Child Support

Child Support – Key Things You Should Know

What is child support?

Child support is the money (or financial support) that one parent is legally obliged to pay the other parent for the benefit of the child when they don’t live together and one parent spends more time caring for the child than the other.

Parents have the primary duty to care and pay for the costs of their children. This applies even if the parents aren’t married and if they haven’t lived together. From July 2009, child support laws also apply to same-sex parents.

The Child Support Agency (CSA) is part of the Department of Human Services (DHS) and it administers most of the child support laws in Australia. When requested by parents, the CSA can assess the amount of child support payable and can coordinate the child support payments between parents.

Child support for adult children

Your duty as a parent to pay for your children generally end when your child turns 18. The duty may end earlier if the child is able to support him or herself, if they marry or if they are adopted.

Sometimes the duty to pay for your child’s expenses continues after the child turns 18. The most common circumstances to extend child support obligations are when the child has:

  • not finished high school when they turn 18, or
  • a physical or mental disability.

Child support assessment

The CSA can make a child support assessment to determine the amount of child support payable by the parent who has less care of the child. The CSA assessment uses a standard formula and takes into account the income of both parents, the percentage of time each parent spends caring for their child, the number of dependent children and any children from other relationships.

Parents need to notify CSA about the care arrangements for the child. This may be in the form of a written or verbal child support agreement, a parenting plan or a court order. If the parents can’t agree on what care arrangements are in place, the CSA will make a determination.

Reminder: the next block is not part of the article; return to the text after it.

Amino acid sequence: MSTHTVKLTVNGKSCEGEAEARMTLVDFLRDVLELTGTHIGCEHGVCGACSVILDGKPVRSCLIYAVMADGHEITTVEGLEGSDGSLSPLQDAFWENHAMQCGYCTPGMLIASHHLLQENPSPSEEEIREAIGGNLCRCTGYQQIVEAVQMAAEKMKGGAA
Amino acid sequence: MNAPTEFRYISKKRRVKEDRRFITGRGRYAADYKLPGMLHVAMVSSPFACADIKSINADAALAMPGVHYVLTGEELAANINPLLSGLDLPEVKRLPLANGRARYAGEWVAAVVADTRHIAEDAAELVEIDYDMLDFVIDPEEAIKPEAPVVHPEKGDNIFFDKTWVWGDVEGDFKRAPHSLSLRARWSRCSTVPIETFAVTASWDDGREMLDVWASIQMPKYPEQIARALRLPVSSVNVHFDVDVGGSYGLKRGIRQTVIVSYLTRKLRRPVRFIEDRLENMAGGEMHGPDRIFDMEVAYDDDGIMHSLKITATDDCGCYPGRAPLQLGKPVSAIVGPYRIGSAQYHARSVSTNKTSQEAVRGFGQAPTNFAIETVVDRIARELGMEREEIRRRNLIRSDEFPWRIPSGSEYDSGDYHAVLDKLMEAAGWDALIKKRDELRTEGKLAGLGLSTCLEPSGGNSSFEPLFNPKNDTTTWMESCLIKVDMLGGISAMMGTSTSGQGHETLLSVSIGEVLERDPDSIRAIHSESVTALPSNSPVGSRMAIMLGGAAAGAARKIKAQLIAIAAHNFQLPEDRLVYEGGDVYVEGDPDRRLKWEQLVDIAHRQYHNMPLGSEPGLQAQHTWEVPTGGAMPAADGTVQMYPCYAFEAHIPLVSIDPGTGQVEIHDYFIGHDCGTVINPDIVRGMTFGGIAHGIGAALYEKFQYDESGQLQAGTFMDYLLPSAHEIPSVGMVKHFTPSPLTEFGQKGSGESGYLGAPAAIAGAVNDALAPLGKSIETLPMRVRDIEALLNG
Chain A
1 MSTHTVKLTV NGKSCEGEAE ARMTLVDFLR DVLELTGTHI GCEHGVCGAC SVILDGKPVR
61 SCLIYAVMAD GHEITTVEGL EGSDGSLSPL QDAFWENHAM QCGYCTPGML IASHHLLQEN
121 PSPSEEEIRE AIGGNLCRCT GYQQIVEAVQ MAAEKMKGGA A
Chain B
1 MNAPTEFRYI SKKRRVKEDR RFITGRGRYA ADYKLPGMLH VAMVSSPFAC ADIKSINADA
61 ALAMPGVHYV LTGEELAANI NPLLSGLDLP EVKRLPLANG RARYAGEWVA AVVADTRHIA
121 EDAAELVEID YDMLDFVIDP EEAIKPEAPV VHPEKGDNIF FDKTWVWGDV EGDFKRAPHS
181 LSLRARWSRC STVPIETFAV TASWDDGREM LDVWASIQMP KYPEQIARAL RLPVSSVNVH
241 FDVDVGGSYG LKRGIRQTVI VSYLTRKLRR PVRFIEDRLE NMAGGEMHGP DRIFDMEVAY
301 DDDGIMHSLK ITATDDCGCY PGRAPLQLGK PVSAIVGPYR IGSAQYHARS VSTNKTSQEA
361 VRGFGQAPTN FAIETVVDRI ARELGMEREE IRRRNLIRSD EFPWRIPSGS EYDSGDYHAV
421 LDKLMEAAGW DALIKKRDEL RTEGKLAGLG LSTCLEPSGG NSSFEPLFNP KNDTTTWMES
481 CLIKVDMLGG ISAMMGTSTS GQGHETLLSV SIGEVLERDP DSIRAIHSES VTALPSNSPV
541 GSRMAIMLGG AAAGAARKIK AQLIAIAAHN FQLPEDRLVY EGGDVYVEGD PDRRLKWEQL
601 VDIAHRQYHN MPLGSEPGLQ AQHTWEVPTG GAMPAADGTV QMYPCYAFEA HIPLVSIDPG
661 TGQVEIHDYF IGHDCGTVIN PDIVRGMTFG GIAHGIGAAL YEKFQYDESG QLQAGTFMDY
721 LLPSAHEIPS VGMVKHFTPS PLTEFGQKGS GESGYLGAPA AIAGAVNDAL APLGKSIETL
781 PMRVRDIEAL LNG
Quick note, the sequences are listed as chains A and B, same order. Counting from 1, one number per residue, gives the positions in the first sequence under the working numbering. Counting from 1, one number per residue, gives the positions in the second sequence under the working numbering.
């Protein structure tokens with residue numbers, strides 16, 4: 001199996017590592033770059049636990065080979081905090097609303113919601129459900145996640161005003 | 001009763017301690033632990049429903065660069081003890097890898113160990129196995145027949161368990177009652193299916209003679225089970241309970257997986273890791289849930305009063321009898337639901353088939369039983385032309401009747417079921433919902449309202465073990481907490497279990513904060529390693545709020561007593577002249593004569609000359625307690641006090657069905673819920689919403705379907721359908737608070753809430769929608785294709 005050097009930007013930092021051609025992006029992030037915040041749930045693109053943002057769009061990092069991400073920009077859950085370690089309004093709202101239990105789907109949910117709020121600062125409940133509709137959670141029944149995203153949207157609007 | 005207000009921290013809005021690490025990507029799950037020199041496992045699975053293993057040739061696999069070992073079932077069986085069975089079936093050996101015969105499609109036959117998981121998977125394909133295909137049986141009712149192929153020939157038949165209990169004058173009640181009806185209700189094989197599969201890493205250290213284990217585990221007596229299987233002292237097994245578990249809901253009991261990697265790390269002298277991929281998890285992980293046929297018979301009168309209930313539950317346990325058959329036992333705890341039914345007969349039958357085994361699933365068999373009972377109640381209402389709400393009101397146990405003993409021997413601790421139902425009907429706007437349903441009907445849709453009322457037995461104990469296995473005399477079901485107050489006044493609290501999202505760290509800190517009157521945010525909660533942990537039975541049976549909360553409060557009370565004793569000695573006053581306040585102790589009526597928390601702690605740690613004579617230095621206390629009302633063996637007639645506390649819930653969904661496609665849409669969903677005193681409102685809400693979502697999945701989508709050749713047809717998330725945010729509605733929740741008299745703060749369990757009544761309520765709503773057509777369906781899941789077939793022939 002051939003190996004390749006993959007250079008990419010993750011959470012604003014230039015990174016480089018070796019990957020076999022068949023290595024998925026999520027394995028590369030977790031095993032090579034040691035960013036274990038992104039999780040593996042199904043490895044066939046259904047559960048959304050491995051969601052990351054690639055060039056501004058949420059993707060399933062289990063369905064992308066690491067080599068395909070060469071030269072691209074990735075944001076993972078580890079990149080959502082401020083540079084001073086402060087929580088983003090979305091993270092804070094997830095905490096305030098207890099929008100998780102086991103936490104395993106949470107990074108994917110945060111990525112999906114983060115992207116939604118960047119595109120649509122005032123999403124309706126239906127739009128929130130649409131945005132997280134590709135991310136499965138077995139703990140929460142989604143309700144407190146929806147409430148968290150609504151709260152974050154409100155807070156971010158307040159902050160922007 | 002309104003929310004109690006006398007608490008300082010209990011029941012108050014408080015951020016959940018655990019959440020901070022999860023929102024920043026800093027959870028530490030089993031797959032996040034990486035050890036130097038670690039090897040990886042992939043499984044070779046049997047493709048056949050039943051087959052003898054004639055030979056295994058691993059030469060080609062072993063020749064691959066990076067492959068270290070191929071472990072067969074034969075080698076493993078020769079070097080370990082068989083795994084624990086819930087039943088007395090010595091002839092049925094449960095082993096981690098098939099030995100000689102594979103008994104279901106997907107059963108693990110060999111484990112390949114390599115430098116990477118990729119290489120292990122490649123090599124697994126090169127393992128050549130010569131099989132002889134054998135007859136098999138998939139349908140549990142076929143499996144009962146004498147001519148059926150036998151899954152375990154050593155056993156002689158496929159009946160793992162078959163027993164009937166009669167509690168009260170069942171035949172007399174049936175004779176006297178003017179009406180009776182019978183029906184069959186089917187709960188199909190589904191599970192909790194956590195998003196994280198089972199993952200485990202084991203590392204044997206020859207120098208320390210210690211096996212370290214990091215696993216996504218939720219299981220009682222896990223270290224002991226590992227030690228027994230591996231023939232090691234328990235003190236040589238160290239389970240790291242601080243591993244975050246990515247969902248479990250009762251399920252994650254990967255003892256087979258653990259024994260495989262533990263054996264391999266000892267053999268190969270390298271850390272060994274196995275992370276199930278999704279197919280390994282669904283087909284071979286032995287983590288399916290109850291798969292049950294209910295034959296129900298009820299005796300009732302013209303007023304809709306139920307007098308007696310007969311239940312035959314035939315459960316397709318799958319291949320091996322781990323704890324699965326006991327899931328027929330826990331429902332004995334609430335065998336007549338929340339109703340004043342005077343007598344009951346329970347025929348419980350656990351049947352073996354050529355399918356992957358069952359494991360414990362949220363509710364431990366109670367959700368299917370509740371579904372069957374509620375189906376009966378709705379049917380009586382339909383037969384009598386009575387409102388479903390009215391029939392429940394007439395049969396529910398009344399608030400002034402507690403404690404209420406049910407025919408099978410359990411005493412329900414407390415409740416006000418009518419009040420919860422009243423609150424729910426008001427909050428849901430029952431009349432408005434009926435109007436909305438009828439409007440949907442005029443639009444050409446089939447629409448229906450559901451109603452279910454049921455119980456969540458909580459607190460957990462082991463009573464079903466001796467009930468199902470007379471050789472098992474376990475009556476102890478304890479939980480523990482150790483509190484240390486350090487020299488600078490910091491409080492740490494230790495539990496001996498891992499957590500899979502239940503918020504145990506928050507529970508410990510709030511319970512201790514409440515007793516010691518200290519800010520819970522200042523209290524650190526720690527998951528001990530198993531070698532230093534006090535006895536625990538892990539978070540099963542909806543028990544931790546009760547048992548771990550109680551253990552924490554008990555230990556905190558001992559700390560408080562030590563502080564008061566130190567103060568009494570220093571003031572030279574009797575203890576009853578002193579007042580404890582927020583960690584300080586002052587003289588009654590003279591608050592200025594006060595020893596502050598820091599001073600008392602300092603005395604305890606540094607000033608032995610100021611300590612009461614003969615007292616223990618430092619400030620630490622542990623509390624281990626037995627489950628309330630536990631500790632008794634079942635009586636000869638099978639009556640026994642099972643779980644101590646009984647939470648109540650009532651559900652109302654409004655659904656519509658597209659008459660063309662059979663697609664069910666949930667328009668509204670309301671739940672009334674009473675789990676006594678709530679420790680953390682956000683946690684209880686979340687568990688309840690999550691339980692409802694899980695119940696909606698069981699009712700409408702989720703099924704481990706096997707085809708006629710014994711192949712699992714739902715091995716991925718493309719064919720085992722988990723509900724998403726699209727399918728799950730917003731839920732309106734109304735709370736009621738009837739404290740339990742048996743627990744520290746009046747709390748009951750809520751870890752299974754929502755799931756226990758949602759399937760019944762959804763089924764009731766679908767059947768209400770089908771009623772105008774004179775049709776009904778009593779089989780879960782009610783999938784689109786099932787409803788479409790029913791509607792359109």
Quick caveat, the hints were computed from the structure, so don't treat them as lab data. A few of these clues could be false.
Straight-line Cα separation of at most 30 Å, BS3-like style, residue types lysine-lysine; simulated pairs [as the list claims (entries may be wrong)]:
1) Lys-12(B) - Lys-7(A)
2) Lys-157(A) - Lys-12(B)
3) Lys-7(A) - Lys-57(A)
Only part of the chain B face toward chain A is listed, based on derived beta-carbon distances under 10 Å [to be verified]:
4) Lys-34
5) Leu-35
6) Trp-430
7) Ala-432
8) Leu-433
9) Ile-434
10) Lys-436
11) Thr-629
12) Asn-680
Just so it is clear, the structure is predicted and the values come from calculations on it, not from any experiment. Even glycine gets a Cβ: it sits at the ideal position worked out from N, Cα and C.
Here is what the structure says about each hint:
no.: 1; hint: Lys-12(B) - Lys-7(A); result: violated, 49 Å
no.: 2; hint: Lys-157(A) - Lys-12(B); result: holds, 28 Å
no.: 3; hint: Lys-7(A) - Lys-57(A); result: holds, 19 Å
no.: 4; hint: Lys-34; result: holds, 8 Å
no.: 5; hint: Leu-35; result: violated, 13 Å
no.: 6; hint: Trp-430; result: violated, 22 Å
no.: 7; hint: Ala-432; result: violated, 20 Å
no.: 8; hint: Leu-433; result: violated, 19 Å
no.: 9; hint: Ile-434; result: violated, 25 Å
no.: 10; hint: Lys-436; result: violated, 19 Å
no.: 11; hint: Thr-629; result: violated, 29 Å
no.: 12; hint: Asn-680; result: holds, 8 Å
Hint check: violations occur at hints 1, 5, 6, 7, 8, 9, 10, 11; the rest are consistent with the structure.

Self-managed child support

You don’t need to involve the CSA in your child support arrangements. If you agree with the other parent, you can decide upon the amount of child support, the form it will take (for example, cash or paying for expenses directly) and how it is paid.

You can do it yourself using a Child Support Agreement Kit (including Shared Parenting Plan).

If parents want to manage the child support themselves but are unsure how much is payable, then they can request that the CSA conduct a child support assessment.

Parents should note that if they self-manage their child support, they cannot receive more than the base rate of Family Tax Benefit Part A.

Collection and payment of child support

Private payment

As part of a self-managed arrangement, parents may organise and pay the child support privately. In this situation, it is wise for parents to keep receipts or records of payments made.

Payment through the Child Support Agency

Parents may also request that the CSA collect child support payments and forward them to the receiving parent. The CSA can follow up on incorrect payments, overdue payments and they can also impose penalty fees for late payments.

Child Support Agreement

Parents can choose to formalise the child support arrangements by making a Child Support Agreement. There are two types of child support agreement, limited and binding.

Limited child support agreement

Parents are not required to seek legal advice before entering a limited child support agreement. A limited agreement gives parents some flexibility in their arrangements such as allowing parents to determine the amount and method of payment. However, the CSA will not accept the agreement if the child support payments in the agreement are less than the amount determined in a child support assessment.

A limited child support agreement can be ended:

  • If both parties agree to terminate,
  • After three years by either party,
  • If the assessed child support payable changes by more than 15%, or
  • By a court order.

Binding child support agreement